As previously reported (September, p. 1), digital delivery of analog basic service tiers to DTAs has raised a question of whether such content could be protected without incurring the costs of employing the removable set-top security mechanism required by the FCC. While such content has not been secured in analog mode, rendering it digitally makes it more valuable to pirates, which raised a question of whether license holders would require protection.
Last summer several vendors competed to provide Comcast the light security that was deemed necessary to pass licensing muster in the DTA delivery mode. Sources said the MSO chose a “light” version of Motorola’s Privacy Mode encryption system with the intention of opening the market to other set-top suppliers by eventually going to the SCTE 52 data encryption standard, also known as Cipher Block Chaining.
Cable operators felt they had a case for using software-based security that could run on the low-cost DTA microprocessor without use of dedicated decryption hardware, thereby avoiding the need for removable security. But there was no assurance this interpretation of the rules would fly at the FCC, which caused a lot of hesitation about DTAs among other MSOs. Moreover, equipping headends to support a simpler form of encryption than digital systems now use added expense to the whole proposition.
Meanwhile, sources say, Comcast was quietly exploring the possibility of winning dispensation from programmers that would permit the MSO to transmit the content digitally in the clear. These sources say an agreement was reached at the start of the year that will allow transmission of the analog basic tier digitally without use of content protection for a two-year period.
“Comcast had decided to go with a software-based version of Motorola’s Privacy Mode, but now that won’t be necessary,” says an executive involved with the security issue, speaking on background. “This has lifted a big cloud of uncertainty on the DTA strategy, which is now drawing wider interest among MSOs.”
Comcast, now rolling out DTAs in a handful of markets, is discovering strong market receptivity, with a large share of analog customers installing the devices themselves. In a video interview carried by Multichannel News, Comcast Cable CTO Tony Werner told industry analyst Leslie Ellis these experiences have confirmed his company’s plans to reclaim anywhere from 45 to 80 or possibly more analog channels across all its cable systems over the next 12 to 24 months.
“It went a lot smoother than I dreamed it would,” Werner said of the initial DTA rollout in Portland, Ore. “I’m more optimistic about the prospects for DTAs now than I was six months or a year ago.”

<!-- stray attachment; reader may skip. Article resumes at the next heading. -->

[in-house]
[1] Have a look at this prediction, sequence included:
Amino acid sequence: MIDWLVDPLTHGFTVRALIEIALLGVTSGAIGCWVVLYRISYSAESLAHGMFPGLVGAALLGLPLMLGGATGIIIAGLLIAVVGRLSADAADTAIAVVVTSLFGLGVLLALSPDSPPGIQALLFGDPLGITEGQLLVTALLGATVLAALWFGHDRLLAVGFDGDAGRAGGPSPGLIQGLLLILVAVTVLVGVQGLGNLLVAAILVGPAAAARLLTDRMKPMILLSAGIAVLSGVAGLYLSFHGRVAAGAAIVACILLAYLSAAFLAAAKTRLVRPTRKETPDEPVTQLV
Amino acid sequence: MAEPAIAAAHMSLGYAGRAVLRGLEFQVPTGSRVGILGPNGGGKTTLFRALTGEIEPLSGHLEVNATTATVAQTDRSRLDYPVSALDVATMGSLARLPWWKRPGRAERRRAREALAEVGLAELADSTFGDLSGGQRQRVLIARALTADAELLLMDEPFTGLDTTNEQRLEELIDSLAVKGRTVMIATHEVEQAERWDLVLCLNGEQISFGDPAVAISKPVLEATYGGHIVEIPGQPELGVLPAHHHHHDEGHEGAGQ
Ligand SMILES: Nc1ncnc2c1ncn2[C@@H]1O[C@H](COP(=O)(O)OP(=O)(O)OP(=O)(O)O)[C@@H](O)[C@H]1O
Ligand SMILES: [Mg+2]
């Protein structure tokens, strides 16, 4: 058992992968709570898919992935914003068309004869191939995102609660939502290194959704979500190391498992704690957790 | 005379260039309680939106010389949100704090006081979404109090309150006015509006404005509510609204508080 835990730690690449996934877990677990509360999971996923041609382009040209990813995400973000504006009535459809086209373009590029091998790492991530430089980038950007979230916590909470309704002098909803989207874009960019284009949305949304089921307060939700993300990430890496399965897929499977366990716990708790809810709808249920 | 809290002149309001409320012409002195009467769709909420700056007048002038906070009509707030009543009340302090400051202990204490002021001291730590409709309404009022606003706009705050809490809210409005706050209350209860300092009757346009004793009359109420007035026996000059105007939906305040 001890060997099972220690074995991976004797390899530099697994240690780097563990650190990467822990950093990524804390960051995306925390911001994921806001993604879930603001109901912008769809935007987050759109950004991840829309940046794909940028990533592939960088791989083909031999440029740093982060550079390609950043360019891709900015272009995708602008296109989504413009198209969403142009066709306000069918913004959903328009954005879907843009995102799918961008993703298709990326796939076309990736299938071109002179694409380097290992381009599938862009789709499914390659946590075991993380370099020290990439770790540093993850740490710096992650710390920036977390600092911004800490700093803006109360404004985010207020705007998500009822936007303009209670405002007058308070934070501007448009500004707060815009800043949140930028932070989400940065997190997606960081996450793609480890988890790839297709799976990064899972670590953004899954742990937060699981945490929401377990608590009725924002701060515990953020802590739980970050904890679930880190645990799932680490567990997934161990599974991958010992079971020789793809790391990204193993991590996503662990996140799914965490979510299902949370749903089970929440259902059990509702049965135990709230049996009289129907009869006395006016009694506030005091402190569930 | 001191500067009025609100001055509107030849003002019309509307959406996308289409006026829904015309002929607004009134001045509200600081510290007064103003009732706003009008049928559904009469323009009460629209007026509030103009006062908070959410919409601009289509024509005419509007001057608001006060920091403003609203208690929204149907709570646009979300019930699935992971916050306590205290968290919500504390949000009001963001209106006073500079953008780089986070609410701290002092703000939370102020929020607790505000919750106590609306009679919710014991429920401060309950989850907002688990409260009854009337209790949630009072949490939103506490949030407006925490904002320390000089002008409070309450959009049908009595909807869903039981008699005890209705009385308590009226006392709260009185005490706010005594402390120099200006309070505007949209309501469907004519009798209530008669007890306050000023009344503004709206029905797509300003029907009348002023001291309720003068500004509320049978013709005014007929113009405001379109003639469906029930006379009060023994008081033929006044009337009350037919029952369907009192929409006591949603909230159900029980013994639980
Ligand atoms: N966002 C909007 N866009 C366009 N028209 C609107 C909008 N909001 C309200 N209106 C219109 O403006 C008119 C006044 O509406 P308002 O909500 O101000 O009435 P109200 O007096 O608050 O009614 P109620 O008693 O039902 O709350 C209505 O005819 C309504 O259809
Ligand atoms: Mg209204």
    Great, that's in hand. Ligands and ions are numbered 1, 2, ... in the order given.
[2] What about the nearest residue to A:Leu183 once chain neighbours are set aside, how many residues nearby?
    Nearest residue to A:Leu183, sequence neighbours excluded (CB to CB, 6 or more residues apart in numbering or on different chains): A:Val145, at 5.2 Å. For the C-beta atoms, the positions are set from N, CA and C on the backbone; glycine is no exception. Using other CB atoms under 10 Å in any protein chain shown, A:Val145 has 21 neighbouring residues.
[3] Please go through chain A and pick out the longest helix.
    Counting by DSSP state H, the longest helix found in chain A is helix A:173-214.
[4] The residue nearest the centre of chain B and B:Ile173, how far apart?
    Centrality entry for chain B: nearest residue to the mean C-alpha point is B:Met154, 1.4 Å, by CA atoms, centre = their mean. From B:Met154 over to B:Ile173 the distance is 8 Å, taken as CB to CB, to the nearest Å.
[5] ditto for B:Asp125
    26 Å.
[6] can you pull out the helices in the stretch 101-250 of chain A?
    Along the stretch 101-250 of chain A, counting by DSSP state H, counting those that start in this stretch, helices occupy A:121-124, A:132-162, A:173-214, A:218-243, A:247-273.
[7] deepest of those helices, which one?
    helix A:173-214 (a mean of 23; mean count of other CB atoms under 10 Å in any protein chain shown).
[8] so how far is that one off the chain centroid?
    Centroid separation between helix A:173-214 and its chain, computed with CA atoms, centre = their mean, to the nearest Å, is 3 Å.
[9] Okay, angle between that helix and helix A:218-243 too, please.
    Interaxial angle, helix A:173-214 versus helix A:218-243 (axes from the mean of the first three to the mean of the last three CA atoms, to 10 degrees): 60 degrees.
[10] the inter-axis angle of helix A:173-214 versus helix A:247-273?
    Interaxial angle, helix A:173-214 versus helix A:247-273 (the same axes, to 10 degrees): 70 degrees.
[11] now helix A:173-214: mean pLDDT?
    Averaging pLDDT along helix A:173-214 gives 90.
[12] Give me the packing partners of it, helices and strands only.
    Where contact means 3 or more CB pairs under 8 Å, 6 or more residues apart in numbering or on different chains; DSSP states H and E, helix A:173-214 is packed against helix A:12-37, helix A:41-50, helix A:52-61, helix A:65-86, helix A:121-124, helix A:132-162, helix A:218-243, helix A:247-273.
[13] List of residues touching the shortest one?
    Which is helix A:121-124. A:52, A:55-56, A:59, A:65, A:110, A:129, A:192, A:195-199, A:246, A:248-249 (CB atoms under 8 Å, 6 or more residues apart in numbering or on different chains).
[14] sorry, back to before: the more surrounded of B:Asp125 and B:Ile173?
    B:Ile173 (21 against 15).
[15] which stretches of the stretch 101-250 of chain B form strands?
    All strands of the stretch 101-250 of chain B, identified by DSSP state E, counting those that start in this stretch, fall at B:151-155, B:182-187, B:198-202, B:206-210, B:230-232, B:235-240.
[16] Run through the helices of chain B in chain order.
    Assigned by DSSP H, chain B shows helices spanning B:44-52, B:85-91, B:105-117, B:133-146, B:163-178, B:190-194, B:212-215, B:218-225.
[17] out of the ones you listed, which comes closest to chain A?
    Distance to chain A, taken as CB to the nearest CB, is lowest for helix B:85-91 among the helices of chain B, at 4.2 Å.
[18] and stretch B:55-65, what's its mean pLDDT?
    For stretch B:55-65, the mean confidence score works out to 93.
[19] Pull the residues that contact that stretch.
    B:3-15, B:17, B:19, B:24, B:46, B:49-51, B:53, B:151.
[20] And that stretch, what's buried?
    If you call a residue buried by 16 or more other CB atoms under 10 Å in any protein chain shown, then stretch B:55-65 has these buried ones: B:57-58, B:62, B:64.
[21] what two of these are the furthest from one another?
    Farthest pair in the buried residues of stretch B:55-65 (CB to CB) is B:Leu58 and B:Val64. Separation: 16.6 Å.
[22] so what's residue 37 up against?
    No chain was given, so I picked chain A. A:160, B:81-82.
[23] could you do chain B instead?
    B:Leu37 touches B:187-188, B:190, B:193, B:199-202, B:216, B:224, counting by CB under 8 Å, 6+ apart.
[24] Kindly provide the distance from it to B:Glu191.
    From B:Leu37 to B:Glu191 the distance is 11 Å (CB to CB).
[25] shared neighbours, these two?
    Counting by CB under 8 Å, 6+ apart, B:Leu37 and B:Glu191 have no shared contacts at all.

Among the various strategies under consideration as near-term solutions for gaining more bandwidth for HDTV and dedicated “unicast” services, including switched digital video and installation of 1 gigaHertz amplifiers, the DTA approach results in the biggest spectrum gain, Werner said. Plus, with over 70 percent of Comcast’s customer base already taking digital service, equipping the remainder of the market with DTAs to eliminate the analog bandwidth “was an obvious choice for us,” he said.
Speaking during the company’s fourth-quarter earnings call in February Comcast COO Steve Burke said the company was gearing up to introduce DTAs in Philadelphia, San Francisco and Seattle. While upfront costs outweigh immediate returns, he said, the longer term benefits associated with lowered service theft, operational efficiencies and the opportunity to up sell customers to new digital services should be “accretive” to the bottom line.
Comcast initially tapped Thomson, Pace Micro Technology and Motorola as its DTA suppliers. Cisco Systems is also hoping to capture DTA business, notes Dave Clark, director of product strategy and management for cable set-tops at Cisco.
“We’re seeing a tremendous amount of interest in DTAs and a tremendous strategic debate on DTAs as well,” Clark says. “We have a lot of people testing the DTAs. Who will deploy them and where is still a matter of debate.”
The DTA effect is being felt elsewhere as well. Canadian supplier Vecima Networks, which had been poised to introduce a switched digital video solution as an adjunct to its universal edge QAMs (quadrature amplitude modulators) if the market demand was there, has put SDV on hold, says Richard Blenkinsop, vice president of marketing and product development at Vecima.
“We’re not hearing a lot of buzz around SDV the way there was a year or two ago,” Blenkinsop asserts. “The feeling is that analog reclamation [through use of DTAs] delivers the biggest improvement in bandwidth efficiency.” As reported elsewhere (p. 14), Vecima has responded to the growing move toward all-digital transmission in cable with development of a digital-to-analog plant-mounted module that can provide support for serving all analog customers in MDUs without requiring installation of DTAs at each TV set.
But there is still strong resistance to the DTA option in some quarters. While the strategy delivers big bandwidth gains, it doesn’t move the industry toward the intelligent edge-based switching paradigm that SDV supports and which many feel is the wave of the future, totally apart from bandwidth reclamation issues. “At the end of the day, if you deploy DTAs everywhere, you’re still looking at having to go to a switched architecture,” says an MSO engineer, speaking on background. “And there’s no migration path for a DTA. When people upgrade to digital, the DTAs are junk.”
Werner, however, made clear Comcast doesn’t see the choice of the DTA as an either/or option next to switching. “You will see us doing a lot of switching in the future, because that’s the natural evolution of our industry,” he said. “But I think there will be more MSOs going to DTAs as well.”